State Democratic Party Must Remake Itself
The morning of Nov. 7 was bittersweet for North Carolina Democrats.
Even though the president narrowly lost this state, Democrats could look forward to a second term knowing that their relentless efforts on his behalf kept the Romney campaign from diverting resources elsewhere until the very end. Democrats managed to retain most of the Council of State in the face of a red tide election fueled by millions of dollars of outside money.
But the hard reality is that for the first time in more than a century Democrats are facing a Republican governor with super-majorities in both houses of the state legislature. The NCDP faces daunting challenges for the foreseeable future.
Much of this was unavoidable.
The recession hit North Carolina particularly hard. Few governors faced more difficult circumstances than Beverly Perdue in 2008. Our unemployment spiked well above the national average after the financial crisis. The weakened economy led to weaker revenues for the state, which necessitated public sector layoffs that exacerbated the high unemployment rate.
The GOP rode the state's frustration with the slow recovery to win both houses in the state legislature in 2010, a census year. That meant that not only did they have the power to foil a Democratic governor, but they also could redraw congressional districts to their advantage for the next 10 years - and they did so with a vengeance.
Add to that mix $14.3 million in outside money spent on state-level races, with a 2-1 ratio in favor of Republicans, and the outcome of the elections was inevitable.
Still, if Democrats are to regain their relevance in North Carolina, they must acknowledge their complicity in the circumstances that overwhelmed them. A series of scandals over the past several years have diminished the stature of the party.
The "pay for play conviction" of former N.C. House Speaker Jim Black; the sordid affair of former presidential candidate and favorite son John Edwards; the malfeasance of former Gov. Mike Easley; and current state Democratic Party Chairman David Parker's unfathomable mishandling of sexual harassment claims against a former state party executive director - all combined to make a mockery of the once-proud party of Terry Sanford and Jim Hunt.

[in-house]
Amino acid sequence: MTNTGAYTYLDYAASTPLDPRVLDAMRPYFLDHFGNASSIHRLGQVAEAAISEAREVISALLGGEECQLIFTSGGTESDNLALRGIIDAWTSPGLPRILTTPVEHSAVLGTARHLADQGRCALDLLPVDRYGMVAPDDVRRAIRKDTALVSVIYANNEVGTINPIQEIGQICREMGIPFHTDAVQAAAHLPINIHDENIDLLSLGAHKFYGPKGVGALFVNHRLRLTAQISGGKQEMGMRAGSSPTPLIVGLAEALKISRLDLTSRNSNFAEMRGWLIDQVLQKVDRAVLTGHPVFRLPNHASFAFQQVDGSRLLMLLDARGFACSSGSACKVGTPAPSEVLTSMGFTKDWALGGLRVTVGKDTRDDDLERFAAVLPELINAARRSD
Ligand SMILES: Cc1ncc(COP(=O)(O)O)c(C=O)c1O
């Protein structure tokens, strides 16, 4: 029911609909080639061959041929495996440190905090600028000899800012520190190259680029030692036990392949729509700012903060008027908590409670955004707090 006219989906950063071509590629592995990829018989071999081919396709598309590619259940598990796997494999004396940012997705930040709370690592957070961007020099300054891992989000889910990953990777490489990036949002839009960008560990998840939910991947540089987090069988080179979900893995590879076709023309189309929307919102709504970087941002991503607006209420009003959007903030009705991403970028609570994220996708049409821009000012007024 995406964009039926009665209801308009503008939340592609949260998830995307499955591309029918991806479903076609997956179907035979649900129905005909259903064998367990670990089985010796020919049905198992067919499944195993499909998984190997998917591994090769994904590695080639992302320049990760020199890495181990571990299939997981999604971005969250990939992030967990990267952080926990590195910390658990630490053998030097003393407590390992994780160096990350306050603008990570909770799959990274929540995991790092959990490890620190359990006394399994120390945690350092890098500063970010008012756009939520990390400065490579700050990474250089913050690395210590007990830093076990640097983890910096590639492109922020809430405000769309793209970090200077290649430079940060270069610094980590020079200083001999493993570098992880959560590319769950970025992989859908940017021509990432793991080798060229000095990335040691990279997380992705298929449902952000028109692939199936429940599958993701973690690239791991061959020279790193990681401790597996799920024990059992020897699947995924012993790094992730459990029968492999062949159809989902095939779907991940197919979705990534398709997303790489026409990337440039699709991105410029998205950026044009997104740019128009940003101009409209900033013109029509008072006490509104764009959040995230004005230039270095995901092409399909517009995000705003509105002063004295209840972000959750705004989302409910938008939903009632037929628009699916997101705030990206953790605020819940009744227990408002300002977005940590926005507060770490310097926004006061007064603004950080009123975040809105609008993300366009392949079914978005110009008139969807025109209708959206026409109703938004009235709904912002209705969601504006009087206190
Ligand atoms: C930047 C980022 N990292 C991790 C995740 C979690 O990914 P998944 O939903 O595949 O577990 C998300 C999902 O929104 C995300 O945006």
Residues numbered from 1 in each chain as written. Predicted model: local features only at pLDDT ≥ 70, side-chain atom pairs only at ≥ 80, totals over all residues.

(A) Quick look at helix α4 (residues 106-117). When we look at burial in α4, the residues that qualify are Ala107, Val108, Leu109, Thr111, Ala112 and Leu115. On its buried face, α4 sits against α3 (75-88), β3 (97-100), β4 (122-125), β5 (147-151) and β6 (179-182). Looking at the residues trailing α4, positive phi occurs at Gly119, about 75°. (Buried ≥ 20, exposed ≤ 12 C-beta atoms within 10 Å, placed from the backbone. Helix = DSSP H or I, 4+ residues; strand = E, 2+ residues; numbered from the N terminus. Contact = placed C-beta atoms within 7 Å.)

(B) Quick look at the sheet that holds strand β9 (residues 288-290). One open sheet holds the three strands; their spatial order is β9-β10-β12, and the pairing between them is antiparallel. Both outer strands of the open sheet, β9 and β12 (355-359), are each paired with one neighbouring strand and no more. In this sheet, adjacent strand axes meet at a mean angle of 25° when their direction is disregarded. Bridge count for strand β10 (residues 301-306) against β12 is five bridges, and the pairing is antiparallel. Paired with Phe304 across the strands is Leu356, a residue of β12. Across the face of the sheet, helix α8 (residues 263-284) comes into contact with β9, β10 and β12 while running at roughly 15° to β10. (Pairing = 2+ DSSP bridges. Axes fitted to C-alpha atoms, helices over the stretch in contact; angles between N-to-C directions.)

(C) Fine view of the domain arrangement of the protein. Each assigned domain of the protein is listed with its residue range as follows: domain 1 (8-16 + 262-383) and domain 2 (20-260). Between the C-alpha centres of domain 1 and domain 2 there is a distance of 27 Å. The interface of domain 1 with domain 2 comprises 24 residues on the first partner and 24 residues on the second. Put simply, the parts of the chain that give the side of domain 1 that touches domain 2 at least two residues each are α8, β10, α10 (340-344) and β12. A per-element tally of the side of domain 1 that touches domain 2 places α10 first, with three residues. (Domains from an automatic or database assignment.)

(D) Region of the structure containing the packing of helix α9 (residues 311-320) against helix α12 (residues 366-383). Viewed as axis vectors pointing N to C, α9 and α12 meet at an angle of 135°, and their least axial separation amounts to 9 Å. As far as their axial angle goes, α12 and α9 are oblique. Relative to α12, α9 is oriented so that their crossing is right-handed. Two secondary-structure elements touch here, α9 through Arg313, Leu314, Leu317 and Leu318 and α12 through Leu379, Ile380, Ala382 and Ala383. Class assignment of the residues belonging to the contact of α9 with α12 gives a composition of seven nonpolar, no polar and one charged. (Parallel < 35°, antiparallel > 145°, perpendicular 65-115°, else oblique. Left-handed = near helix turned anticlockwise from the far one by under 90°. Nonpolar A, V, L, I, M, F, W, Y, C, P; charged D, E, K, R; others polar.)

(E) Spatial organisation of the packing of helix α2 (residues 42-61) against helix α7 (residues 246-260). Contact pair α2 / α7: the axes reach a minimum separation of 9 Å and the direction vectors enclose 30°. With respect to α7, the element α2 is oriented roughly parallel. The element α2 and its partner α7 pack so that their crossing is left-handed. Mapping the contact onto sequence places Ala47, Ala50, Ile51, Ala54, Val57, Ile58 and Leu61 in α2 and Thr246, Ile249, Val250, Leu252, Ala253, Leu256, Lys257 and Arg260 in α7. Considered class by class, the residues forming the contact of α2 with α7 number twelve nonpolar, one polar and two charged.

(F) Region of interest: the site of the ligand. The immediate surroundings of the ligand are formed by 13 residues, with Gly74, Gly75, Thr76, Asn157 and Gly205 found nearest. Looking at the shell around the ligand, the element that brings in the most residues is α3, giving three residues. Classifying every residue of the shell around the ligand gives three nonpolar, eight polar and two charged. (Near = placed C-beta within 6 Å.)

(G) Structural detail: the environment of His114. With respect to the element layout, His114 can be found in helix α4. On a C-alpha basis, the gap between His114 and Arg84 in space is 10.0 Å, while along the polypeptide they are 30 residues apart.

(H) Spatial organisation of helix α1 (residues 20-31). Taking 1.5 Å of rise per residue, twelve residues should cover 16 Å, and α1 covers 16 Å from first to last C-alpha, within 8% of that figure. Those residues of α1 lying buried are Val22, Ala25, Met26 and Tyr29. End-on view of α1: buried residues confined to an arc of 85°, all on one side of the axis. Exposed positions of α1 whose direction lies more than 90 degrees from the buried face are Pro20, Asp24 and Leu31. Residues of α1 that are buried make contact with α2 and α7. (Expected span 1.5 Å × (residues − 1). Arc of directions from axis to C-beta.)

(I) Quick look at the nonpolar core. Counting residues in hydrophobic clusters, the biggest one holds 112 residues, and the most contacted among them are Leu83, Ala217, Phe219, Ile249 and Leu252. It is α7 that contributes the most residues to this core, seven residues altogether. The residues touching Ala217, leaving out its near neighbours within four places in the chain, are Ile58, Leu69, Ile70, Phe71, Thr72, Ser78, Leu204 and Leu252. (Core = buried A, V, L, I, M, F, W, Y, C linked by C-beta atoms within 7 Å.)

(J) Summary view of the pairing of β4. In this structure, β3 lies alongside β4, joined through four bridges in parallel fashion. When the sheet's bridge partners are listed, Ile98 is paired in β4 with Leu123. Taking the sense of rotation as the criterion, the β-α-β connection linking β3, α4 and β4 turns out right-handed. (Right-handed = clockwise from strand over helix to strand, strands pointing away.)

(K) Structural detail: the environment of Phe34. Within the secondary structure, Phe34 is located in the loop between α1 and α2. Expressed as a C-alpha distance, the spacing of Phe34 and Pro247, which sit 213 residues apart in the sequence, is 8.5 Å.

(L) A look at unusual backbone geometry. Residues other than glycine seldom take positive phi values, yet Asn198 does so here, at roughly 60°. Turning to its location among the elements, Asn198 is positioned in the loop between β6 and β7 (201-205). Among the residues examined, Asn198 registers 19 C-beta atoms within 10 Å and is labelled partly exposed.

Worse, the party was weakened when the constituencies that those men fought so hard for - teachers, state universities, minorities, working class and marginalized North Carolinians - were already vulnerable to an unsympathetic General Assembly.
Last Saturday night, the Rev. Dr. William Barber II, president of the North Carolina NAACP, spoke passionately at the gala for Equality NC about the need to create a fusion between African-Americans, educators, labor, LGBT North Carolinians, Latinos and progressive whites to stand as one for the interests of minority, marginalized, middle class and working class North Carolinians.
In order to do that, the state party needs a fresh start. It needs to clean house and acknowledge and learn from its mistakes. It must communicate better, especially to middle- and working-class whites, the fact that wealth accumulates vastly more readily than it trickles down. It must do a better job of seeking and developing new leadership and supporting its candidates on every level. Finally, it must be better connected and more responsive to the needs of county parties.
The good news is that there is significant talent available. The "ground game" of the Obama campaign - the heavy reliance on volunteers knocking on doors, making calls and entering data - revealed a wealth of individuals with the drive and the inclination to be involved in renewing our state's fortunes. And there are young stars like Anthony Foxx, Tricia Cotham and Cal Cunningham with bright futures to build upon.
This should be a time for introspection for the NCDP - a time to reflect upon what it did wrong, what it did well, and what it can do better. It should be a time of preparing for the hard work of rebuilding a party worthy of the challenges facing North Carolinians.
Kevin Smith lives in Aberdeen. Contact him at email@example.com.
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